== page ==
Hello all. Another account of my adventures in the kitchen. I love to try new things and for two years I’ve been meaning to get around to making sourdough bread. A year or so ago I was lucky enough to be offered a place on a course run by Cracking Good Food: a Manchester based social enterprise that teaches and trains people to cook from scratch. 70% of their work is community outreach which is funded by their cookery schools. (www.crackinggoodfood.org)
Our teacher, Rob, had such a passion for bread, especially sourdough. He made us feel as if bread was the most important thing in the world! I loved it and would highly recommend the course. Alas, we only had a day so sourdough wasn’t possible but my curiosity was peaked.
Sourdough, for those who aren't sure, is the name given to bread that uses wild yeast found in the flour and in the air. Sourdough bread is thought to be more nutritious than regular bread and much easier for our bodies to digest. The making of it is a longer process than with ordinary bread due to the fermentation time but I’m told it is worth the effort.
Now, I’m a big bread fan and my usual bread routine is to fire up the bread maker at home when we are running low. I can prepare a loaf in 5 minutes and 3-5 hours later with no work at all from me, I have a freshly baked delicious loaf. Many people have told me I must have to be very organised to do this, well making sourdough required a whole new level of organisation…and patience! I started on a Monday and I finally baked my first loaf the following Saturday!
Here’s a summary of what went on. First the starter…
I mixed 75g of rye flour with 75ml of water* in a glass container and let on the countertop in the kitchen. I covered it loosely with just a piece of kitchen towel. (*I read mineral water is best but with all of my kitchen projects that require water I simply use water that has been boiled and then left overnight uncovered to allow the evaporation of the chlorine.)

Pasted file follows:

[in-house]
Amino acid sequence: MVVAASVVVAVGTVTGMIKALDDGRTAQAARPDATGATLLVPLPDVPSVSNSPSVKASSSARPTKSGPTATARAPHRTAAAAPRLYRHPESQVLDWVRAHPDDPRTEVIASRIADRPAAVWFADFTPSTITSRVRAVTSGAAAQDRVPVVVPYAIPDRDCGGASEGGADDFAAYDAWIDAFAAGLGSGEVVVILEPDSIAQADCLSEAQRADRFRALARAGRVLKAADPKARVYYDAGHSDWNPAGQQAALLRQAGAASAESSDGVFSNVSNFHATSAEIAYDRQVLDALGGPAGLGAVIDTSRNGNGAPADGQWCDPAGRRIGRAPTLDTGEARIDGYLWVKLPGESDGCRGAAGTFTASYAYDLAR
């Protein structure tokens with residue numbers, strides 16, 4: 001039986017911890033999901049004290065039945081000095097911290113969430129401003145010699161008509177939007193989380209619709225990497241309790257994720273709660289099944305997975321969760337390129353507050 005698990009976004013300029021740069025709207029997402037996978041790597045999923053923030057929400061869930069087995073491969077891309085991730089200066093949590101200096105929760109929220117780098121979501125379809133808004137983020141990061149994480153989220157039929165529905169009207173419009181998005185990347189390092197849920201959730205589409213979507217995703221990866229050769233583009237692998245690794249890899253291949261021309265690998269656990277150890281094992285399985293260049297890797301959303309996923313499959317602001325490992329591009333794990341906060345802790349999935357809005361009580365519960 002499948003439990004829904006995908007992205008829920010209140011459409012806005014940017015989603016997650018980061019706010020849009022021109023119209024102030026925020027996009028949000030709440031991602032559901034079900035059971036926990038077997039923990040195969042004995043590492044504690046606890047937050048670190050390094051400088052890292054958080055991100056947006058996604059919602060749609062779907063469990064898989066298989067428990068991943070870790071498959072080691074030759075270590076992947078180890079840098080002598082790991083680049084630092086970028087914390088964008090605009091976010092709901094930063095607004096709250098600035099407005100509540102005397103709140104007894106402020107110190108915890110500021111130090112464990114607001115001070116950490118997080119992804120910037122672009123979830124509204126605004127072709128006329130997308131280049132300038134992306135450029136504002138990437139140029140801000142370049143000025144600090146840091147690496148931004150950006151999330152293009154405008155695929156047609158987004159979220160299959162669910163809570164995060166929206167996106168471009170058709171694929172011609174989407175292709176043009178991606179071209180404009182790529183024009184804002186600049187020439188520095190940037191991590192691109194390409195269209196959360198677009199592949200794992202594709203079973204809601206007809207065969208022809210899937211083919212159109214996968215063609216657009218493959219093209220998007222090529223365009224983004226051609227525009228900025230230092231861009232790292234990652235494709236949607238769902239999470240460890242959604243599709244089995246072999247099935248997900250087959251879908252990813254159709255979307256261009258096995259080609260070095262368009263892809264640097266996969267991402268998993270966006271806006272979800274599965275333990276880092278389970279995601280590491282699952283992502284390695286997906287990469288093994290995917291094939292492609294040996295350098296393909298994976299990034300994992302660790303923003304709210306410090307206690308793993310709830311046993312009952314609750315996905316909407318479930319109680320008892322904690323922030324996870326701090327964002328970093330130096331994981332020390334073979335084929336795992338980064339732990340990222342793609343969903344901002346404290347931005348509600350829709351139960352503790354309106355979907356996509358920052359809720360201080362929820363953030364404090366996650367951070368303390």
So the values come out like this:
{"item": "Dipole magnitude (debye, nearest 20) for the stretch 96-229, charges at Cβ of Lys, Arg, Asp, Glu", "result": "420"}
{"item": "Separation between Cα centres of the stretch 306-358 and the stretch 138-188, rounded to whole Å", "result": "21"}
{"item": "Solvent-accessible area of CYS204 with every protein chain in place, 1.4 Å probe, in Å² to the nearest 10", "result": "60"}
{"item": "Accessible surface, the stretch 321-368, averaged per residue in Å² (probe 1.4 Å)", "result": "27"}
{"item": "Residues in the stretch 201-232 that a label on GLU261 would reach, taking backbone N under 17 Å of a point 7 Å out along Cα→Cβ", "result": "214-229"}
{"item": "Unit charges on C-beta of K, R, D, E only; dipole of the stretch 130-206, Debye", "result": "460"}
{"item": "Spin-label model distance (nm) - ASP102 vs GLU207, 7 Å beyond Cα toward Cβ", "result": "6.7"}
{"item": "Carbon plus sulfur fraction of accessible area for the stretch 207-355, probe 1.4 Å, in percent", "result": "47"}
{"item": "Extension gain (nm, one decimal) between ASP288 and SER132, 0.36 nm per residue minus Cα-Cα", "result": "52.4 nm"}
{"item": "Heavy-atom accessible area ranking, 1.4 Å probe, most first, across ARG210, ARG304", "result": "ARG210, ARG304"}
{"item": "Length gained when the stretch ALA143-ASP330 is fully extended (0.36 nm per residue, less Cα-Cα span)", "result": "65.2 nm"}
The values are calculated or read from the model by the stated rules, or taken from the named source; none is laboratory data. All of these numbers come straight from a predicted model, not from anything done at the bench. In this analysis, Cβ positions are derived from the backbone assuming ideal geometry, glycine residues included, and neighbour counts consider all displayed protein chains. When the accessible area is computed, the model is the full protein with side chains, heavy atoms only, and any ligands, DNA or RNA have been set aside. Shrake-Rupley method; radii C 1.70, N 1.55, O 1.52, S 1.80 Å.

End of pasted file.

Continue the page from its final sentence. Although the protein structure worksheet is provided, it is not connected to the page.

DAYS 2 - 4
I fed the starter with 75g rye flour and 75ml water and mixed. I added a little more water if I felt it was too doughy. It was always gloopy and pourable.
The starter was bubbly and had a lovely sour smell to it, a bit like hops, which told me it was ready to use. (Actually, it was my very helpful co-worker, Paul, that told me it was ready to use. As a seasoned sourdough maker, he reassured me many times along the way via WhatsApp in response to my many ‘is this normal?’ photo messages. Thanks Paul!)
Anyway, ready to go! The wholemeal sourdough loaf.
I added 500g of wholemeal flour to a bowl, with 8g fine salt, mixed and made a well in the middle. Then I added to the well 100g of my sourdough starter. Then I added 315ml of water slowly whilst mixing the mixture till a loose dough was formed. I covered the bowl with a damp tea towel and left it on the countertop ion the kitchen overnight (12 hours or till double in size).
In the morning I turned the dough out onto a floured worktop and kneaded it for about 10 minutes. I had the help of this big plastic card which we were given on the bread course. It helped scrape the mixture off the worksurface, my hands etc. I had to reflour the surface and my hands quite a bit as the mixture was quite wet. Then I put the dough into a greased bread tin and again left it on the countertop for the rest of the day. After 8-12 hours (or till double in size) I baked the loaf in a hot oven (220C) for 30 minutes. When baked I removed from the oven and left to cool on a wire rack.
Then I took a step back to admire the small loaf it had taken 6 days to make!
The mister and I dug in whilst it was still a little warm and it was so so good. The sour after taste was just the right level of sour and the texture was perfect. Lots of little air bubbles made it nice and soft inside but with a perfect crusty outer. I’ve since done it again with the same starter, so now just a two day process, but made bigger batches for freezing.
I’m told that if you are baking regularly, when you remove some of the starter, feed again and keep loosely covered at room temperature. If you are baking less often you can keep the starter in the fridge and feed it every 5 days or so, removing half and feeding with flour and water. Mine was a bit scary looking after 5 days but Paul (yey Paul!) reassured me it was fine and, a day before using it, remove from fridge, uncover, give it a stir and a feed and bring it back to room temperature to make it bubbly again.
Well, I hope this little adventure of mine into sourdough bread has been useful. It's not such a difficult task to undertake and it was quite fun getting so hands on making bread for a change! I'll be continuing to make it and so any hints and tips are welcome! Thank you for reading. See you in the shop!